25. Galina L.
    It looks like poor naive Rozzy came here to pathetically defend countless anty- red meat worriers, but had nothing substantial to say besides references to "success stories" which are always present in every diet book.
  26. Sandra
    I do like that they advocate eating real food, but I am otherwise not seeing a huge difference. They are still promoting eating fats and red meat in moderation and food prepared with large amounts of flour is OK in their guidelines. What they are putting out might be a step in the right direction but it needs to go farther.
  27. Mauricio Trambaioli
    Dear all,
    The biggest issue does not relies on the Brazilian typical eating pattern at each region in the country - if we consider the main meals.
    The hugest concern is the beyond-meals: snacking, sugared desserts, sugared beverages, and so on.
    Mauricio (www.farmacia.ufrj.br/mauricio)
  28. Christoph Dollis

    "The guidelines (the long version) also advise people to eat a "wide variety of foods mostly of vegetable origin." I think it's a mistake to scare people off of animal products, but maybe that part will not be heavily promoted, as it's not in the main 10 points."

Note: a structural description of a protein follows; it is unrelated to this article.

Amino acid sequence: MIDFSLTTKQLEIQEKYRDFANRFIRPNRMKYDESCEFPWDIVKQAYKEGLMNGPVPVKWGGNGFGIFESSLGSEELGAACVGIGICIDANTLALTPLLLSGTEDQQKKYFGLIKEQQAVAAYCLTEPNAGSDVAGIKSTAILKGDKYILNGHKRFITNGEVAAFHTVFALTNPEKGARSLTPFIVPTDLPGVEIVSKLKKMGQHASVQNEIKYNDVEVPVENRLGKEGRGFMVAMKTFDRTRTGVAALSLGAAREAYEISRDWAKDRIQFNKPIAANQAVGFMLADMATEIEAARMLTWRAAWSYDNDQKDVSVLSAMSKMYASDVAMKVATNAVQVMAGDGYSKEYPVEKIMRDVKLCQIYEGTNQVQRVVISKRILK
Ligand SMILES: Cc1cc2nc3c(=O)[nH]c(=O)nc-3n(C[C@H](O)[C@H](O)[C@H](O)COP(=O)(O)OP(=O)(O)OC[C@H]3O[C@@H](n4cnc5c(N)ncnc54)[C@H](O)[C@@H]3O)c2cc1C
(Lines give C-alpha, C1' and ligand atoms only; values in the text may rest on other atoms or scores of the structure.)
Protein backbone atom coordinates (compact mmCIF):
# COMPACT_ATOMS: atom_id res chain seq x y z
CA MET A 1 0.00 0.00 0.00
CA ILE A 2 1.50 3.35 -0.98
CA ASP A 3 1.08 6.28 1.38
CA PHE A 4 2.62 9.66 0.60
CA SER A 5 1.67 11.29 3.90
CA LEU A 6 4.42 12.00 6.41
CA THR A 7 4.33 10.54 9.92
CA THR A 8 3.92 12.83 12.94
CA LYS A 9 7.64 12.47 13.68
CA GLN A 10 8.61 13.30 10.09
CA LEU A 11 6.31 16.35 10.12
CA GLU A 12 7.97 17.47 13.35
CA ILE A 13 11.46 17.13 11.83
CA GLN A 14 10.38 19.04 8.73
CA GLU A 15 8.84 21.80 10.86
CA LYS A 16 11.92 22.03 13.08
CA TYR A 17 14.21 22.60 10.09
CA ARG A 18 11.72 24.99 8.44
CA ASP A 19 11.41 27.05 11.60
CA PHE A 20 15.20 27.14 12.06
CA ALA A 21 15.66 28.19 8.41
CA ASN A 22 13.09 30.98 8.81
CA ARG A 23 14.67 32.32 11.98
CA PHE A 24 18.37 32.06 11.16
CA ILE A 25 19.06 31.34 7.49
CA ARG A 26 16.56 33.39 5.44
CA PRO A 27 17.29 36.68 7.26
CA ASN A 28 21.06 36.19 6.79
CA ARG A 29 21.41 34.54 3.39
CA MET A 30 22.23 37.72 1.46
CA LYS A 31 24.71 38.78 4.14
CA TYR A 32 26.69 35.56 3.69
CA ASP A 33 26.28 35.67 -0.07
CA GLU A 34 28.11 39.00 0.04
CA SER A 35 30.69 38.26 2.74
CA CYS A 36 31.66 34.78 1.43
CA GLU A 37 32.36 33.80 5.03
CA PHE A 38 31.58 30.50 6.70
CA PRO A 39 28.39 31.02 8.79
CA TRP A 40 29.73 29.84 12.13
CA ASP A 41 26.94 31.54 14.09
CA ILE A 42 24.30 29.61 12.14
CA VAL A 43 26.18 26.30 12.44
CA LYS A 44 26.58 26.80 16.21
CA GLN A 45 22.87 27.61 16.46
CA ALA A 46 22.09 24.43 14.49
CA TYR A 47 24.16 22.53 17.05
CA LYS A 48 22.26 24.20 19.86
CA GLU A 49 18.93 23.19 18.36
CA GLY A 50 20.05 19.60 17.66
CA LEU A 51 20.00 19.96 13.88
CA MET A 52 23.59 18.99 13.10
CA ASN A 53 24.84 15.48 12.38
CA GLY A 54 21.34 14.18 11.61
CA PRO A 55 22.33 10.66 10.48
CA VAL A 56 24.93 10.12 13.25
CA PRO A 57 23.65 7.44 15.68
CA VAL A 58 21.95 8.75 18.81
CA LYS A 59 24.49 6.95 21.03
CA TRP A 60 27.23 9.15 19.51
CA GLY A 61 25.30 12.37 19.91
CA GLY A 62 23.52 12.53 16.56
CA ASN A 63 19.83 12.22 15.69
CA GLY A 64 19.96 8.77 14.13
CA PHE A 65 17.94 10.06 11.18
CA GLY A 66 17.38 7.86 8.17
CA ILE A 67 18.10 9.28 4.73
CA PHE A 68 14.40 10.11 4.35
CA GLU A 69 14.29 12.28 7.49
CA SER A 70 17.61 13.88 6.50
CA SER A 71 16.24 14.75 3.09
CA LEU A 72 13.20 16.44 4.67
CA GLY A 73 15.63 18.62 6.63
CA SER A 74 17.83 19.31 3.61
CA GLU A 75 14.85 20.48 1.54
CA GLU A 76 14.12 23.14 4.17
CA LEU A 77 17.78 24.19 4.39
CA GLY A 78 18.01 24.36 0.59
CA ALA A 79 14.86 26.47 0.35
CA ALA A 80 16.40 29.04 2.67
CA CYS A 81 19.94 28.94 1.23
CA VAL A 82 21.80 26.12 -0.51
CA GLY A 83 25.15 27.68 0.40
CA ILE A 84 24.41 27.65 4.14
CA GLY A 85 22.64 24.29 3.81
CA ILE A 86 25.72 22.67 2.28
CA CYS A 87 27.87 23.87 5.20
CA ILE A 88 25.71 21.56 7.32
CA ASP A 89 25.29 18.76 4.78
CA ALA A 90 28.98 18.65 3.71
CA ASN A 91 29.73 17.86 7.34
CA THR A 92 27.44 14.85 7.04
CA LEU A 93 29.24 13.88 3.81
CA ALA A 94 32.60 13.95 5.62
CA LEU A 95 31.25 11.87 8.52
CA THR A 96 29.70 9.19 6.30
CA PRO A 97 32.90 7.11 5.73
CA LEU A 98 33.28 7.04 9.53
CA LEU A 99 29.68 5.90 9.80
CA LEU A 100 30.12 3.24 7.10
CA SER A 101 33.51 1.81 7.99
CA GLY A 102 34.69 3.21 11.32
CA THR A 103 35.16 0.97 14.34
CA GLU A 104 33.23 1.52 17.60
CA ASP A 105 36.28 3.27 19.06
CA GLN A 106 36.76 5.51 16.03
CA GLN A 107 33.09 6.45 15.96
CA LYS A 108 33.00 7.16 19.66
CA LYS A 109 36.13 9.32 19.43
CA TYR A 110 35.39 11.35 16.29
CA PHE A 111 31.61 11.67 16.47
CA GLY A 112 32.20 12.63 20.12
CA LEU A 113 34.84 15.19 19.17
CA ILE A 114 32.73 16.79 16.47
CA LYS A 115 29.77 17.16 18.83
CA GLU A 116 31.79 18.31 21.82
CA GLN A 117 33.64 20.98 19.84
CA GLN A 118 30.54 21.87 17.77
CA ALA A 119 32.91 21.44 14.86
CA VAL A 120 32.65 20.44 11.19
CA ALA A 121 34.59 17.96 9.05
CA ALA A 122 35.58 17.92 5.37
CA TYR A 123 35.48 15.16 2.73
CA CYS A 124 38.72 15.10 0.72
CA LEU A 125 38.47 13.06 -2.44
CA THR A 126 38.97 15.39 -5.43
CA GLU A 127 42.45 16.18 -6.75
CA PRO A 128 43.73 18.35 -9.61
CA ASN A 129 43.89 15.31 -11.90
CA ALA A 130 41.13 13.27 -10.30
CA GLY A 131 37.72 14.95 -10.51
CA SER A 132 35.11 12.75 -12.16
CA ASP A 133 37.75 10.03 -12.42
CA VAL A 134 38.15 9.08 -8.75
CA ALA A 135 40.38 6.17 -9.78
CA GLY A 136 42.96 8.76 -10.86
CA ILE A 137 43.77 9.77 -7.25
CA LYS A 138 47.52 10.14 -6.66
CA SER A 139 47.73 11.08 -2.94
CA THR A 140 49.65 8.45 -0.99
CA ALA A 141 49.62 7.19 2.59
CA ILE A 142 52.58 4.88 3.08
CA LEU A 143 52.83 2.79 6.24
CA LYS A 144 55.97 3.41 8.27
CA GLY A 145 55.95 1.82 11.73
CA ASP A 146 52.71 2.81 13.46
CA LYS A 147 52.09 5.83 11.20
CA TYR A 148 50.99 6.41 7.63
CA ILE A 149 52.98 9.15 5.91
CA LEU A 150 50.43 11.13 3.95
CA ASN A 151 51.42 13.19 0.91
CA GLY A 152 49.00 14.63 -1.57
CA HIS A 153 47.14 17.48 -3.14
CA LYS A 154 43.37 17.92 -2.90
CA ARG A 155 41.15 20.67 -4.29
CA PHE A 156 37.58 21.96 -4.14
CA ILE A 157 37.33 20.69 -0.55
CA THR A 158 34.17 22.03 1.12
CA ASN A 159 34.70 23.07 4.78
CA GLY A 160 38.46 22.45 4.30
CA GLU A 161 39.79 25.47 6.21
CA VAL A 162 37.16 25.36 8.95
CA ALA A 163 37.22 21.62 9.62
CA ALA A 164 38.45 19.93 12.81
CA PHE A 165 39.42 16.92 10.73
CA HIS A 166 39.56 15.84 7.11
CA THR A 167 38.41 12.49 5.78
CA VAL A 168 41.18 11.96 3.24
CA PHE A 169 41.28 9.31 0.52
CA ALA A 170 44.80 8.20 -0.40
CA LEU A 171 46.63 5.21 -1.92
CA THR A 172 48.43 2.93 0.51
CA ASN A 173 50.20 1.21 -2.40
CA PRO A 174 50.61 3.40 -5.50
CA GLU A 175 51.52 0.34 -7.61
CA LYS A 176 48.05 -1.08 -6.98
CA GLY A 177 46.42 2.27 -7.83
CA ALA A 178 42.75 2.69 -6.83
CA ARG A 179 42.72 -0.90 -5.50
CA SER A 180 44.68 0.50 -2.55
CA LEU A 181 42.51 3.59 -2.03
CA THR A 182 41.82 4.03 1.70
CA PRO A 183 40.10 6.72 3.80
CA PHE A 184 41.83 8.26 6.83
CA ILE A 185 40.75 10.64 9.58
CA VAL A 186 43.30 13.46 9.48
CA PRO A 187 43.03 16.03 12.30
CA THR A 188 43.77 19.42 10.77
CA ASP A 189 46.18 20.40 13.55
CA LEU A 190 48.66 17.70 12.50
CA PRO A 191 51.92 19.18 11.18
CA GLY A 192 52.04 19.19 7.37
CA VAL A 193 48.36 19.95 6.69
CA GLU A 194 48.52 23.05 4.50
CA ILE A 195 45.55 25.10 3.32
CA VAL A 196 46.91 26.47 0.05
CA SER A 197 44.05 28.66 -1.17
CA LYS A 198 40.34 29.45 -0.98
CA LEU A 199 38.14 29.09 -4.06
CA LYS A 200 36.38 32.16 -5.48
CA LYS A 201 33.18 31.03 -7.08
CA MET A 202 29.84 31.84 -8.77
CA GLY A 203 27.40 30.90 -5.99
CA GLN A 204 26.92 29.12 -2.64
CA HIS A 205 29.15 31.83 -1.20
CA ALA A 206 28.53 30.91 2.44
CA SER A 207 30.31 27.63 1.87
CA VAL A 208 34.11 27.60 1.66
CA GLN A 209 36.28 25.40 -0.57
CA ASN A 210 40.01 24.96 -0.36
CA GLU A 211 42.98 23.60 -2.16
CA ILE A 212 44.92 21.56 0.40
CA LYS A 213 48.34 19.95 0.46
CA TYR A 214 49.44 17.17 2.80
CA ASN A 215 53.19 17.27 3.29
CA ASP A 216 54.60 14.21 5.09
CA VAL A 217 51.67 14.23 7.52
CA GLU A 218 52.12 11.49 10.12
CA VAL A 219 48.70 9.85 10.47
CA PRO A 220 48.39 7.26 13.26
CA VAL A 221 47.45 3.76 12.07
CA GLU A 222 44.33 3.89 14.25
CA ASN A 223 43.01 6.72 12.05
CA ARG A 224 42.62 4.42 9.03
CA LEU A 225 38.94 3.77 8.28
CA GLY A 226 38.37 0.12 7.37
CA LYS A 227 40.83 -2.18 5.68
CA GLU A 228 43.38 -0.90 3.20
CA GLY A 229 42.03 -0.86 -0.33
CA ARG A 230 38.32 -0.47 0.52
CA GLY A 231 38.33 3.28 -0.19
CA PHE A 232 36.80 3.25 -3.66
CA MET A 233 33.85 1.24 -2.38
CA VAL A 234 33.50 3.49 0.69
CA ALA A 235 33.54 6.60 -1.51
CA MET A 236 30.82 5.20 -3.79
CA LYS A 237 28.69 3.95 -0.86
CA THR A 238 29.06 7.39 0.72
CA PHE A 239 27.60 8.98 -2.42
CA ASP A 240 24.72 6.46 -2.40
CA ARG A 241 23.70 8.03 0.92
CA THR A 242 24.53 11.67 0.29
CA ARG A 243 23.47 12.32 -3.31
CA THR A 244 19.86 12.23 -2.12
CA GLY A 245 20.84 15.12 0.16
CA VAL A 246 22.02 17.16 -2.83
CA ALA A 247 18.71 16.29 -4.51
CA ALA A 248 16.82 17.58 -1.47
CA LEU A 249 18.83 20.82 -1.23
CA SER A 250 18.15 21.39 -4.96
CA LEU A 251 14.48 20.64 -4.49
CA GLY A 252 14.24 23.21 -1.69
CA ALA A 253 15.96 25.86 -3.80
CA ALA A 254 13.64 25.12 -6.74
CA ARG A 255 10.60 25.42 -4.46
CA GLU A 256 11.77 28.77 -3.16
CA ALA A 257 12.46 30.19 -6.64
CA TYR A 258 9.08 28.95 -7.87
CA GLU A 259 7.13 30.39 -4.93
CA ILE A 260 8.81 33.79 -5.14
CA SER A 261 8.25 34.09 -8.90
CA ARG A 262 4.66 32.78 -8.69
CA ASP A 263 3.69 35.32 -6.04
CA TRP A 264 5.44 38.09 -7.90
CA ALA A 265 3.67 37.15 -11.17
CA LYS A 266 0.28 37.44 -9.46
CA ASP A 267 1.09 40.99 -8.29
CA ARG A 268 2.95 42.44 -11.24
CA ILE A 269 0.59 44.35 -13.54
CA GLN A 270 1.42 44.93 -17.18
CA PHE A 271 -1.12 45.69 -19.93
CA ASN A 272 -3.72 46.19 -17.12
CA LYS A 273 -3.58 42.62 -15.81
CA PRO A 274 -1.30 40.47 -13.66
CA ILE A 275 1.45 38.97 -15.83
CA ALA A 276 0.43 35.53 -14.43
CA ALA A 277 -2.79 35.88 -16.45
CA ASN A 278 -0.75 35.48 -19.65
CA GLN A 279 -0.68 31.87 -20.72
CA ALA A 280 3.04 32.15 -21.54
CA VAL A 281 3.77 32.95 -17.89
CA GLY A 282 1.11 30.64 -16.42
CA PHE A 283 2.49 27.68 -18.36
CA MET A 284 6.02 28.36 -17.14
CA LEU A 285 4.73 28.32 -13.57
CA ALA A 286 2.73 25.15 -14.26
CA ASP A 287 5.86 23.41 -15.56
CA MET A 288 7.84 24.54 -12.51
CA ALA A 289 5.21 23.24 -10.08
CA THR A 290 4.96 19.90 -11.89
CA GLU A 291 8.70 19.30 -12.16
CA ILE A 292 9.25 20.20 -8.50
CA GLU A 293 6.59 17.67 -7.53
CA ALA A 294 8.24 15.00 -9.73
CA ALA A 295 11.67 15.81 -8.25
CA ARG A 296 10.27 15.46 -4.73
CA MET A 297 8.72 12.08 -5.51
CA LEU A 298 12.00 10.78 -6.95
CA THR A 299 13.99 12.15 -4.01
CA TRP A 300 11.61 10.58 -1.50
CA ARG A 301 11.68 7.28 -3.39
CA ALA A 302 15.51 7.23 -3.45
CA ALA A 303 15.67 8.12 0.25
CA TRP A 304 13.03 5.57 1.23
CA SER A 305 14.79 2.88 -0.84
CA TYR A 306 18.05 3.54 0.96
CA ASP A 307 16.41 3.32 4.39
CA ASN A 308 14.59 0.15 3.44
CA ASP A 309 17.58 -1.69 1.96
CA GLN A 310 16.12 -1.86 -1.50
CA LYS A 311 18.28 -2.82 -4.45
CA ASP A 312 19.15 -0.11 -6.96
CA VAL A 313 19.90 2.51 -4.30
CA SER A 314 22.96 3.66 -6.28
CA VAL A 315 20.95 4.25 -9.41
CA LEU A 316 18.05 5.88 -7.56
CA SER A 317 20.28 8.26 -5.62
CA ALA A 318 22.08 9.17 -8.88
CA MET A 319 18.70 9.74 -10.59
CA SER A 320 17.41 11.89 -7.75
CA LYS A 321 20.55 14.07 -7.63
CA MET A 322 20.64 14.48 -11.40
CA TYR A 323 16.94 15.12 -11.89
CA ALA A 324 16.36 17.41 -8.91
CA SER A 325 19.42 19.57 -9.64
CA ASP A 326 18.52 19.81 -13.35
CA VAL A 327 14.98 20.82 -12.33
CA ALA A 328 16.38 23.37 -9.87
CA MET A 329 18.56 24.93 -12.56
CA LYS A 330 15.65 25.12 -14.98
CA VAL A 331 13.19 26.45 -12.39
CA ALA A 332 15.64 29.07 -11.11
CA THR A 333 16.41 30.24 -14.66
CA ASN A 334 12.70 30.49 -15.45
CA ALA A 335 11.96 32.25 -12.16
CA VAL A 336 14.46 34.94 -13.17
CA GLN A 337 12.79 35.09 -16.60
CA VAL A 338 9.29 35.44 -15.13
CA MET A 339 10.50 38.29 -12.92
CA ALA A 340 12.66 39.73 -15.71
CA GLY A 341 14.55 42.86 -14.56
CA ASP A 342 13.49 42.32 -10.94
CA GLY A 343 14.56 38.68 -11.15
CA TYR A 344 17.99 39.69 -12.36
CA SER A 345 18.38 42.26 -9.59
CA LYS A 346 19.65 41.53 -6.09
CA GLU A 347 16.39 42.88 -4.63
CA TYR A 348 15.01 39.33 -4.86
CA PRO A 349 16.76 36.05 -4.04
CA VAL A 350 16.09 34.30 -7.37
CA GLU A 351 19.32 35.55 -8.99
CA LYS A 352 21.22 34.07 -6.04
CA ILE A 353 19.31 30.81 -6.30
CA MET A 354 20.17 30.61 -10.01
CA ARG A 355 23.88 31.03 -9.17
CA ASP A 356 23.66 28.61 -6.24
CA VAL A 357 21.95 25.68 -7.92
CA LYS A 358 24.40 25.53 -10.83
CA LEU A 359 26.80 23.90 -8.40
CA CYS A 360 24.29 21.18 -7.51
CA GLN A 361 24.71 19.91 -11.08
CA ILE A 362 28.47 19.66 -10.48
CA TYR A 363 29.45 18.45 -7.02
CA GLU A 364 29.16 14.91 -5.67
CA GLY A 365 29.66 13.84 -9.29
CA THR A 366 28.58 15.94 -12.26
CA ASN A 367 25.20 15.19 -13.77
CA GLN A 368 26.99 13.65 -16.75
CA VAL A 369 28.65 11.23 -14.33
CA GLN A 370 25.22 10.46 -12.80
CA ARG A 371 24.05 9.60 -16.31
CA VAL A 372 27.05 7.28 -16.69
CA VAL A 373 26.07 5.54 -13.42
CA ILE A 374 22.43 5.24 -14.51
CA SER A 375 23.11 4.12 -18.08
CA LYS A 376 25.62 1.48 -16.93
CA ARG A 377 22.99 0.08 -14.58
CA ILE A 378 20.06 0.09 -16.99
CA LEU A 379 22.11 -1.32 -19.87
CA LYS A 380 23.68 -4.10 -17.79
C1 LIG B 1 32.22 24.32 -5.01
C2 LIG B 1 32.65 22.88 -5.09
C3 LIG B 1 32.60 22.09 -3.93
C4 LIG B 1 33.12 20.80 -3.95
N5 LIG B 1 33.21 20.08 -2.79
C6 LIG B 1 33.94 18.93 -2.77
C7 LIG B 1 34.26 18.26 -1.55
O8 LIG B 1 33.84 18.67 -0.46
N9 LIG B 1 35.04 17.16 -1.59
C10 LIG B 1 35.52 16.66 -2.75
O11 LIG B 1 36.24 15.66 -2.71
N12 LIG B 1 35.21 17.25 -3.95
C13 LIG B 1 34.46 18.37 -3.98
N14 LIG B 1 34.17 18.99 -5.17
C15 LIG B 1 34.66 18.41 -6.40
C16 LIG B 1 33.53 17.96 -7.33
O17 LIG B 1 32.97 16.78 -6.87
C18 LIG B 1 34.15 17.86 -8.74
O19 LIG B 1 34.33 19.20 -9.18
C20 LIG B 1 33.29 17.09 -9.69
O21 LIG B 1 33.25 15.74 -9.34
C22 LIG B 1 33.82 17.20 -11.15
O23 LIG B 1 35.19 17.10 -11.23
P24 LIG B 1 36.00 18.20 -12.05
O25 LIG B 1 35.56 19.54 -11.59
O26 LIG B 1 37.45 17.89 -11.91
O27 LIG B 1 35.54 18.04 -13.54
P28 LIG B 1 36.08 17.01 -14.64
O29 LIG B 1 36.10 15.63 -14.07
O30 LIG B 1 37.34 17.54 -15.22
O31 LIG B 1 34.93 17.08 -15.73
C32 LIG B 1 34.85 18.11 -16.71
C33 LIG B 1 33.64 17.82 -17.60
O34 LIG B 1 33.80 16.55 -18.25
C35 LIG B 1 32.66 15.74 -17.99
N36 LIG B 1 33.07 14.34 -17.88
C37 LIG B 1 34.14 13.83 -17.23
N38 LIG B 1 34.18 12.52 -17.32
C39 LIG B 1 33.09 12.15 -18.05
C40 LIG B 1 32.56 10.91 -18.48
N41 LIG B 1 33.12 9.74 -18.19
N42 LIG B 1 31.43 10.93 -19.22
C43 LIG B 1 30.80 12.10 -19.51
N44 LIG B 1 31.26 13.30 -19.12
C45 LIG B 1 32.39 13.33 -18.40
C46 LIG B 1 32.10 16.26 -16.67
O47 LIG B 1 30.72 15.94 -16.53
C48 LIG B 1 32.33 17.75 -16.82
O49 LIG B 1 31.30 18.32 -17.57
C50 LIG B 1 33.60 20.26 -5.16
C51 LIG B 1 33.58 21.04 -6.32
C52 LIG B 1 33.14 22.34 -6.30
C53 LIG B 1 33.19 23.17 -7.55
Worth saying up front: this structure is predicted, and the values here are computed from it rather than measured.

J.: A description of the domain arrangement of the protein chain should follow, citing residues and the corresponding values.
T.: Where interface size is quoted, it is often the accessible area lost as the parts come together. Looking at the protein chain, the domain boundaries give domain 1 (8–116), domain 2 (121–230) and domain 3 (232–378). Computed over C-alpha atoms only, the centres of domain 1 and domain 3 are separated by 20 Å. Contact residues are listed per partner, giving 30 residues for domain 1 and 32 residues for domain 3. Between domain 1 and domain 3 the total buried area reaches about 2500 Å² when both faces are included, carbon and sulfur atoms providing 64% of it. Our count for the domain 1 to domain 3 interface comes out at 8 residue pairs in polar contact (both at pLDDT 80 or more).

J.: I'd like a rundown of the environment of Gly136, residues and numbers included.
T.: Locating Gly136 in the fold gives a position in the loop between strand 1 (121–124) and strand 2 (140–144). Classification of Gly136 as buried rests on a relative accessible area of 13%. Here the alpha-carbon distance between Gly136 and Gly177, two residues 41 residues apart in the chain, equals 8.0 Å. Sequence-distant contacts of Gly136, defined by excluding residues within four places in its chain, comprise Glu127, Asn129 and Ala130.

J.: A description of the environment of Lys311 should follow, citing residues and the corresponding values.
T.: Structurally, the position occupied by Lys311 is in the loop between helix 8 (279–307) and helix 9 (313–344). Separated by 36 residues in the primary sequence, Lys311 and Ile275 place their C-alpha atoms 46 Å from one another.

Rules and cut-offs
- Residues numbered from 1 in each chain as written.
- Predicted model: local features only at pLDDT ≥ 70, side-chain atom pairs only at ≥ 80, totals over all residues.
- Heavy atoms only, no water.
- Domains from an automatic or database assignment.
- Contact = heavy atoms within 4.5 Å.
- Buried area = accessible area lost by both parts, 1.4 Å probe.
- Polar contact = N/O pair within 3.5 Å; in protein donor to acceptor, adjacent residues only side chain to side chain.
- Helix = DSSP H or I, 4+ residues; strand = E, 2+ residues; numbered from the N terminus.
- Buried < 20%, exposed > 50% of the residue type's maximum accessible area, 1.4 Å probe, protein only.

Nah. Plant-based diets with some meats is the optimal diet for most people and is almost certainly how the majority of our ancestors ate.

    We are originally a sub-Saharan African species from the Savannah, which is a tropical grassland, and from tropical rainforest before that for an even longer period of time.

    The idea that we, descended from vegetation-eating primates, should live in fear of plants is madness.

    Yes, there is human biological diversity and individual metabolic condition to consider. However, Brazil's nutritional guidelines are spot-on. Plants are also, for the most part, more economical, which is good, and reducing the amount of animal misery is good too.

    Further, most humans were not mainly meat eaters and even those that were got dietary carbohydrate, even during winter, with few if any exceptions.